In Exclusives, Insight

The Japanese concept of color is a dynamic one, and red is particularly important. It represents strong emotions rather than ideas, and has held a prominent position in the country over time.

The crimson hue has played a big role in the beauty history, beginning in the Kofun period (250–538), during which it was common practice to paint the face with red pigments. From here, it evolved into rouge accents for key
facial features.

There are many words in the Japanese language that refer to the color. One definition of the very word for color, iro, translates to a palette containing red. Another term, beni, comes from benimochi, the name for a traditional paste made of fermented safflower petals used to color the lips, cheeks, and outer corners of the eyes. It is still a popular ingredient in Japanese lipstick.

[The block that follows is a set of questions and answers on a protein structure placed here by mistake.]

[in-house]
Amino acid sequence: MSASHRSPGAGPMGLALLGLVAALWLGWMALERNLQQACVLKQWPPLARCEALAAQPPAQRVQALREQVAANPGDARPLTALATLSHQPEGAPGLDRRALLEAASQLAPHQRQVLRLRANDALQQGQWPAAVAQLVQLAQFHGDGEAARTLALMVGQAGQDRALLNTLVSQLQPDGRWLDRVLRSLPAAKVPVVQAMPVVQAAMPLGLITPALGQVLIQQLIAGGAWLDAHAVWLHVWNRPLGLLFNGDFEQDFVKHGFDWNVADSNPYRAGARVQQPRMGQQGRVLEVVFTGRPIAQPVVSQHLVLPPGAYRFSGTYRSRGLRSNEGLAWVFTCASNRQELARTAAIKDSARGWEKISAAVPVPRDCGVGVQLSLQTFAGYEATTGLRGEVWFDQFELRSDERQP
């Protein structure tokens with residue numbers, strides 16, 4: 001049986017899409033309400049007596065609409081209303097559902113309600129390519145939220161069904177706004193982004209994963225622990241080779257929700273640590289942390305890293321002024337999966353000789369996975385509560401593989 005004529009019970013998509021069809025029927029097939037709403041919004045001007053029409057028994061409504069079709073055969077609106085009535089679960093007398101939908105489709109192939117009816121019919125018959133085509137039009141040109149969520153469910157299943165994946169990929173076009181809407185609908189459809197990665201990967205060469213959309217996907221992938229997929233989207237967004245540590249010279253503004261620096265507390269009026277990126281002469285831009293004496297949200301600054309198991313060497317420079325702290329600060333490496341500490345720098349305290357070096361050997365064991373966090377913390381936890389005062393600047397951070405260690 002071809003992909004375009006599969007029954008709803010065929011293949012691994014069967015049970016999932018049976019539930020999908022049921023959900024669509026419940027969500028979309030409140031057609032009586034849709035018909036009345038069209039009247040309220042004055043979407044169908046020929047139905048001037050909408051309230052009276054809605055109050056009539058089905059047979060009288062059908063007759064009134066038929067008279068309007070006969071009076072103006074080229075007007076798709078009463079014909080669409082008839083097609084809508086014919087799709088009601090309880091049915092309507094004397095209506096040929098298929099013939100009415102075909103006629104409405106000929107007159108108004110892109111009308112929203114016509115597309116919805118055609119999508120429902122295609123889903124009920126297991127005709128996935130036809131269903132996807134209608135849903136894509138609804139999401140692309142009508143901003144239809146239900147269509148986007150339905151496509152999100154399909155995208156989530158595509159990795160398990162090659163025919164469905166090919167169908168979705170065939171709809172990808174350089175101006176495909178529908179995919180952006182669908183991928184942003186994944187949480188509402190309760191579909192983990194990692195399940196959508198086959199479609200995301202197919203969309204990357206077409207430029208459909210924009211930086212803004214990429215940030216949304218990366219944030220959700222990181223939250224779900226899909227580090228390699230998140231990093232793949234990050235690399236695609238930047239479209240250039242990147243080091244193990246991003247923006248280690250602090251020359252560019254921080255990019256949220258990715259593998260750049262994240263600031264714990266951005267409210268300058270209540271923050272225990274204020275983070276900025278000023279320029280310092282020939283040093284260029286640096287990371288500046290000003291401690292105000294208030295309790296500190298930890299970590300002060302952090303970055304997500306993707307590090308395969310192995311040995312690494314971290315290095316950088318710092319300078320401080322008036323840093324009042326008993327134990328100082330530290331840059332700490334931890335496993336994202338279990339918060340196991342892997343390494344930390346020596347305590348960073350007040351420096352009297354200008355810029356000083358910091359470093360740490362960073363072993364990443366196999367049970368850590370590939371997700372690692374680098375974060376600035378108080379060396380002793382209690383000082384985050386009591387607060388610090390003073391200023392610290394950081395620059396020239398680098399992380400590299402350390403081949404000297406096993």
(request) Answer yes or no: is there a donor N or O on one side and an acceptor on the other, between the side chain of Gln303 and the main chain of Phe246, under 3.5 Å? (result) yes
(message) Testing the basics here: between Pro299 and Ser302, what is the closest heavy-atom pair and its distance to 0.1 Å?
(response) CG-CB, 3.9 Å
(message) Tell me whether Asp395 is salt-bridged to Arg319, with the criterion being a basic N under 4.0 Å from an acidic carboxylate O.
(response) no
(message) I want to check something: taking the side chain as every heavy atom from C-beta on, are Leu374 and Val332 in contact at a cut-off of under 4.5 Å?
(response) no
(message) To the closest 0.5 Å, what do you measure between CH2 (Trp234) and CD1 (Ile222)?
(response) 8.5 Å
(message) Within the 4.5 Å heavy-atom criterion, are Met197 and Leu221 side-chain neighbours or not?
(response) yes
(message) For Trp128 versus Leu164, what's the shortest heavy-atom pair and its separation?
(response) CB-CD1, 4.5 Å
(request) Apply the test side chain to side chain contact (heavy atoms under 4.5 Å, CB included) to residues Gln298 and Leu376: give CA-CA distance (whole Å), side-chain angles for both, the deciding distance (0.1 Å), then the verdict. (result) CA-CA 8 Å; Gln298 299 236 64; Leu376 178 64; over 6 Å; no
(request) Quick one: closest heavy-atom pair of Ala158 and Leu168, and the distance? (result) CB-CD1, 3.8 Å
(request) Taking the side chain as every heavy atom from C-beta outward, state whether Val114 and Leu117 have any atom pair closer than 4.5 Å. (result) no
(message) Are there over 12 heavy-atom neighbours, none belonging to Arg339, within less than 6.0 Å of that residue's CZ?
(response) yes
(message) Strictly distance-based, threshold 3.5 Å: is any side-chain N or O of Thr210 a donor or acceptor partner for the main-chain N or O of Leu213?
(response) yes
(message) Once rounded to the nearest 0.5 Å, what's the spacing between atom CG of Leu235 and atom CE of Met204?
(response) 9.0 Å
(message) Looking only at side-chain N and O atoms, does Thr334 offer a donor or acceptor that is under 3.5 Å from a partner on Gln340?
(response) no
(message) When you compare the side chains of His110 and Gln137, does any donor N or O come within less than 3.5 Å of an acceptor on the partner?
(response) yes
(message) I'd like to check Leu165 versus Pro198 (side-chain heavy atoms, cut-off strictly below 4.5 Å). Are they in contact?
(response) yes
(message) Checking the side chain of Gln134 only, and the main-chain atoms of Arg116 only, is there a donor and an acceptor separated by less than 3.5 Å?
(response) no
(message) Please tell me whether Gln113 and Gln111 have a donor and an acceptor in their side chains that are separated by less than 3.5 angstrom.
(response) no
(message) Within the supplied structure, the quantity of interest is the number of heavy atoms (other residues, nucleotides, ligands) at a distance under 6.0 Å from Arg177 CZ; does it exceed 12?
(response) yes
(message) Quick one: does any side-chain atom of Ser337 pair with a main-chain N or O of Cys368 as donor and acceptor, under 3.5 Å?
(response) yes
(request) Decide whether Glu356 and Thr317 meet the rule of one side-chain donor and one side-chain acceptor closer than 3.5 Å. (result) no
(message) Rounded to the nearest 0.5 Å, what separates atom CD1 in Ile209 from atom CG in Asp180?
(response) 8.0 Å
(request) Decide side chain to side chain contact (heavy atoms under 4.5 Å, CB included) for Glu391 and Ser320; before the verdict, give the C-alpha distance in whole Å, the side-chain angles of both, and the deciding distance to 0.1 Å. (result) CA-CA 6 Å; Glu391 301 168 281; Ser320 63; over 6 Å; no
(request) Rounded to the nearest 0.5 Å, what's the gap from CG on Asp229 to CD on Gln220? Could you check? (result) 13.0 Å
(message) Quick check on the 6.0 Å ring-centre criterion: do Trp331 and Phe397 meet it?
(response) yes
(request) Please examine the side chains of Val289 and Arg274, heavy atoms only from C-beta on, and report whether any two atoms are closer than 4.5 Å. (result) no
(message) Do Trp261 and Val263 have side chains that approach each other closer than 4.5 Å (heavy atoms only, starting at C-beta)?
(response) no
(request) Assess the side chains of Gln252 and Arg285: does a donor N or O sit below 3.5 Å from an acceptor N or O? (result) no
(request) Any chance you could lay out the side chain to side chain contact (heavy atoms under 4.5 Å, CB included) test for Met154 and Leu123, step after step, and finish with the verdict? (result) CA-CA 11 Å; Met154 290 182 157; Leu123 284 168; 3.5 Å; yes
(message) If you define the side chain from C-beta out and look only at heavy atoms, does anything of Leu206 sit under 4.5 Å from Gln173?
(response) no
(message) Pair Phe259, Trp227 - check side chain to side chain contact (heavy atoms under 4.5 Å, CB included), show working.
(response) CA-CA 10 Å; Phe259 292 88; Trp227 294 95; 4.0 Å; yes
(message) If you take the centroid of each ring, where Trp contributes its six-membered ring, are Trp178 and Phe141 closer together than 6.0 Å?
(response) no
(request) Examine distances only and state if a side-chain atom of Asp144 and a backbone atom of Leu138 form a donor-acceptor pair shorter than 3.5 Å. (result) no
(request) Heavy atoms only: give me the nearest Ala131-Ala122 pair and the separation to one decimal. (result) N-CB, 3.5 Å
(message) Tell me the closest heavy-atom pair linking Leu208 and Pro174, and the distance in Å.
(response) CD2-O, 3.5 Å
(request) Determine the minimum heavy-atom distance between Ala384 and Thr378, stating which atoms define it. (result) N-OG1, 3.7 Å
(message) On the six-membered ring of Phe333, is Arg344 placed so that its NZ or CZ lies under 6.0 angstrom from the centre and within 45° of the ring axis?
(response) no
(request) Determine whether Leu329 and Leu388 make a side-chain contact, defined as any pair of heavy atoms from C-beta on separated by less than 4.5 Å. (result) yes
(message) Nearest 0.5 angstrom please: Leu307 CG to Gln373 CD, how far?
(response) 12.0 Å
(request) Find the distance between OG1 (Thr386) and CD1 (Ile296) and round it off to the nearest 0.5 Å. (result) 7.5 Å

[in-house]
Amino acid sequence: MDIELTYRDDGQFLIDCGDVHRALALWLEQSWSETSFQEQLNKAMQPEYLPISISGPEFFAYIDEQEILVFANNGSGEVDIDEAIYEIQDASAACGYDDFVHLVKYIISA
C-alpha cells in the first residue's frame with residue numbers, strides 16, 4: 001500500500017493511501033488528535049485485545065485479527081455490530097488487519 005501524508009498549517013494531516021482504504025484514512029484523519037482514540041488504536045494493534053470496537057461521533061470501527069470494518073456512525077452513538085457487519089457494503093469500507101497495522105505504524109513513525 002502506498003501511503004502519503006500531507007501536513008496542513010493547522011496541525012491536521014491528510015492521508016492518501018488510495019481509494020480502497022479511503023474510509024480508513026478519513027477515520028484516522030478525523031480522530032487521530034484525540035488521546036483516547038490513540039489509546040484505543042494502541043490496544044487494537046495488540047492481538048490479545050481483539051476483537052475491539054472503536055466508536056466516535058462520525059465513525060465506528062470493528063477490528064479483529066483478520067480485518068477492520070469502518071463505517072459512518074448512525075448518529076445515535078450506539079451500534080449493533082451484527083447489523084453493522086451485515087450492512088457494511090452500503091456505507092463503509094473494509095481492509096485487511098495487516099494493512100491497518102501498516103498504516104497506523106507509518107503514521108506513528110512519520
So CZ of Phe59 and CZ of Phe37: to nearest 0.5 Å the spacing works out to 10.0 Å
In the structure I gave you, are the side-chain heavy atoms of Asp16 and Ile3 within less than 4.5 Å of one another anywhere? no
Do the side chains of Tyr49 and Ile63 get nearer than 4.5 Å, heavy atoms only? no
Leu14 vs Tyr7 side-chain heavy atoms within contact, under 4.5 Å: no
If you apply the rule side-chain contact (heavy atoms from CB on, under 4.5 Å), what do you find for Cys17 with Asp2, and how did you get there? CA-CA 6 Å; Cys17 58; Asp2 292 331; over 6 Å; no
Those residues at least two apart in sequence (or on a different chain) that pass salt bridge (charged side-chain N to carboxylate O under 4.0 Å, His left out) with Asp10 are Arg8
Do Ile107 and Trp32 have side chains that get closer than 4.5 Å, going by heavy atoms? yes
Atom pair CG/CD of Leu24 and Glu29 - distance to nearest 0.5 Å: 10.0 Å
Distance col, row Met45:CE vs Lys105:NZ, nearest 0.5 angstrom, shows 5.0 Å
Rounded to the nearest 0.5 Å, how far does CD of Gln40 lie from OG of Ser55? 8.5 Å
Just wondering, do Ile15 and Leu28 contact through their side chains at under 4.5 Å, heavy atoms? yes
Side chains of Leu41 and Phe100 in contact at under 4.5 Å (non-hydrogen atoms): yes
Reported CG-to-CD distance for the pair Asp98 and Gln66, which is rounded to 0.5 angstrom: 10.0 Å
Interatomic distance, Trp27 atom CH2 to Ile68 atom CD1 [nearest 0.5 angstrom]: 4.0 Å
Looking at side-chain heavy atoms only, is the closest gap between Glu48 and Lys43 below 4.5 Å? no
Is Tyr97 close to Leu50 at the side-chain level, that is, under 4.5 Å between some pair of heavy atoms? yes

Shades of red are commonly used to decorate young women as a symbol of the innocence of youth. After marriage, red is worn only in undergarments—passion kept in hiding. Since the Heian period (794–1185), fabrics dyed with safflower red have been worn close to the skin to evoke physical healing power.

Photo: DJ Paine via Unsplash

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